Cassiopeia contains two Messier objects: the open clusters Messier 52 and Messier 103. Both clusters lie in areas with several other notable deep sky objects. They can be easily found using the bright stars of Cassiopeia’s W asterism.
Messier 52 lies along the imaginary line extended from Schedar, the bottom right star of the W, through Caph, the top right star, to the northwest. The distance from Caph to M52 is roughly the same as the distance between Caph and Schedar.
M52 has an apparent magnitude of 6.9 and an apparent size of 13 arcminutes. In good conditions, the cluster can be seen with binoculars. It is easily observed in small telescopes. It lies about 4,600 light years from Earth. Its estimated age is 158.5 million years.
M52 lies in an area dense with deep sky objects. The Bubble Nebula (NGC 7635), a large emission nebula appearing southwest of the cluster, has an apparent size of 15 by 8 arcminutes and lies between 7,100 and 11,000 light years away. It can be seen in 8-inch and larger telescopes.
The nearby star-forming nebula NGC 7538 appears smaller, with an angular size of 9 by 6 arcminutes. It lies in the neighbouring constellation Cepheus. The nebula contains the largest known protostar, which is about 300 times larger than the solar system.
Also located in Cepheus, the open cluster NGC 7510 spans 7 arcminutes of the apparent sky and has an apparent magnitude of 7.9. It lies about 11,400 light years away. Its estimated age is 10 million years.
The Lobster Claw Nebula (Sharpless 157) is a bright star-forming nebula located just south of the Bubble Nebula. The nebula lies about 11,050 light years away. It is ionized by several giant stars, an O-type supergiant, and a young Wolf-Rayet star, WR 157.
Messier 103 lies in the eastern part of Cassiopeia. It can be found a degree east of Ruchbah, the bottom left star of the W, in the region between Ruchbah and Segin, the top left star of the asterism. With an apparent magnitude of 7.4, the cluster is fainter than M52. It also appears smaller, with an apparent size of 6 arcminutes. It lies about 10,000 light years away. Its brightest stars have an apparent magnitude of 10.5 and can be resolved in a small telescope. The cluster is visible in binoculars, but only appears as a hazy patch of light.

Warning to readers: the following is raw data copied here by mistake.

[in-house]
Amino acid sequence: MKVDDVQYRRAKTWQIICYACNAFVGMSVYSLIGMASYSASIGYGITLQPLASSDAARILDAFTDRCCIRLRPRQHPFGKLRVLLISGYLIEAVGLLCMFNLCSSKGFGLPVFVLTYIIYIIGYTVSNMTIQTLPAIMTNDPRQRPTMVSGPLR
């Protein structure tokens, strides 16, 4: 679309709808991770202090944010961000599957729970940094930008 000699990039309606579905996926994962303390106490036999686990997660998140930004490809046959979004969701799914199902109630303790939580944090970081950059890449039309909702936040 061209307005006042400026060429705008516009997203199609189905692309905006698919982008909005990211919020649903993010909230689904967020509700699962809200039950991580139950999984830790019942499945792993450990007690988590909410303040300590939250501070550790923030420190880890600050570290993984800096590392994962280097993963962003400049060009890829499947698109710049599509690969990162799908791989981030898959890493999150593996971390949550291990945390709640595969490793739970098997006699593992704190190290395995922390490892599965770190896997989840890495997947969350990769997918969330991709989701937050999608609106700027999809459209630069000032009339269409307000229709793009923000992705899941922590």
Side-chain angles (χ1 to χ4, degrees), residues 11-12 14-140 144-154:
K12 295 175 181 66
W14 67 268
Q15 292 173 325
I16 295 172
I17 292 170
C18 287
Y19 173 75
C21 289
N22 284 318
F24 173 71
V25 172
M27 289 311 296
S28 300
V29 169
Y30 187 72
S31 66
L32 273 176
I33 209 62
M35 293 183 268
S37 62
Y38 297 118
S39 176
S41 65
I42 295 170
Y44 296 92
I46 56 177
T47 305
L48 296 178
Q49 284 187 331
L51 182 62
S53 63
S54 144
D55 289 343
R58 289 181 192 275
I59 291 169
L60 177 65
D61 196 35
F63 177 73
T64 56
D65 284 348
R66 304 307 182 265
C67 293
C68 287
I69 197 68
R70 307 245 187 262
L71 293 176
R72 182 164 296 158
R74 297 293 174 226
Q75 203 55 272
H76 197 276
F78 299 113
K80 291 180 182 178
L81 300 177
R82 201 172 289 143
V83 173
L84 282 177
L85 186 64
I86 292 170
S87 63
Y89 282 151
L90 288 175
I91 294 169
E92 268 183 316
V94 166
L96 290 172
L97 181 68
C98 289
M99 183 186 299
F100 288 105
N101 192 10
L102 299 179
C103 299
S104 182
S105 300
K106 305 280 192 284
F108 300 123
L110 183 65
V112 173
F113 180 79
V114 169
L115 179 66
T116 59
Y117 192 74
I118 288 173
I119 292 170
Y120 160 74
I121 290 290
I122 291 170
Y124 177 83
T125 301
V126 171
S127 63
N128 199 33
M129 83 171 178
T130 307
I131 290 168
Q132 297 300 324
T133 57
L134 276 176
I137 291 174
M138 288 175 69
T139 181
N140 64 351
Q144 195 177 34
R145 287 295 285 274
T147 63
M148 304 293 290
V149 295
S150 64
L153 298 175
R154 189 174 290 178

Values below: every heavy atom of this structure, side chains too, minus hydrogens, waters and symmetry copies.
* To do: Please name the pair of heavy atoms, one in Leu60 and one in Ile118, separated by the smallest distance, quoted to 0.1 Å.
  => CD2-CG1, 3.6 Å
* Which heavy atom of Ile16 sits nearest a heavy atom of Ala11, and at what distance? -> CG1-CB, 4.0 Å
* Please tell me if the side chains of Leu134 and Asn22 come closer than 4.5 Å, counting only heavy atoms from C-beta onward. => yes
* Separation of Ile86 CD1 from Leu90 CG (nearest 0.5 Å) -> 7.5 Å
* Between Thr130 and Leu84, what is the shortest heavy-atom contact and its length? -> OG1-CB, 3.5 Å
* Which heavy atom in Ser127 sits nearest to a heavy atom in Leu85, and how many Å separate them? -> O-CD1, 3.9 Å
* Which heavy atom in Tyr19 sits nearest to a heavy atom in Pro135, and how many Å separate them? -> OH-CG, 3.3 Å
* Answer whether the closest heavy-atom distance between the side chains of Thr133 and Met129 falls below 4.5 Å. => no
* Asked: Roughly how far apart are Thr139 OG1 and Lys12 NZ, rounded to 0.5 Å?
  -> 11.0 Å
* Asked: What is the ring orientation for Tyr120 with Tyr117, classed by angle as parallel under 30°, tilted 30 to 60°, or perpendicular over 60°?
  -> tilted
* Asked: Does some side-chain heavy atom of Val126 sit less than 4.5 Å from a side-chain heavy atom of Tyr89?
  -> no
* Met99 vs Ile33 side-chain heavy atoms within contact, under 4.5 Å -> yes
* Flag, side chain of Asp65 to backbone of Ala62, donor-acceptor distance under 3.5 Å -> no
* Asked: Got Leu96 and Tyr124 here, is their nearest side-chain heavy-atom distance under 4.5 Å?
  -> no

Several other open clusters are located in the same area. IC 166 is relatively faint, with a visual magnitude of 11.7. It occupies 7.5 arcminutes of the apparent sky south of Segin.
NGC 654 appears close to the imaginary line connecting Ruchbah and Segin, 2.5 degrees northeast of Ruchbah. With an apparent magnitude of 6.5, it is easily visible in binoculars. The cluster lies 7,830 light years away and is about 14 million years old. It appears in the same wide field of view as NGC 663 and NGC 659.
NGC 663 has an apparent magnitude of 7.1 and an apparent size of 16 arcminutes. It is sometimes mistaken for M103. The cluster lies 6,850 light years away. Its estimated age is 20 – 25 million years.
NGC 659 has an apparent magnitude of 7.9 and lies 8,200 light years away. It has an apparent size of 6 arcminutes. The cluster’s estimated age is 20 million years.
Cassiopeia is home to several other bright deep sky objects that were not listed by Charles Messier. These are:
- the Heart and Soul Nebulae (IC 1805 and Westerhout 5), a pair of large neighbouring emission nebulae located 7,500 light years away, appearing east of Cassiopeia’s W
- the E.T. Cluster (NGC 457), an open cluster with an apparent magnitude of 6.4, also known as the Owl Cluster or the Dragonfly Cluster, located southwest of Ruchbah
- the Pacman Nebula (NGC 281), a bright emission nebula 35 arcminutes across, appearing just east of Schedar, the bottom right star of the W
- the magnitude 10.4 irregular galaxy IC 10, the only known starburst galaxy in the Local Group, appearing east of Caph
Deep sky objects in Cassiopeia can be seen throughout the year in the northern hemisphere. The best time of year to observe them is during the month of November, when the constellation is high overhead in the evening sky.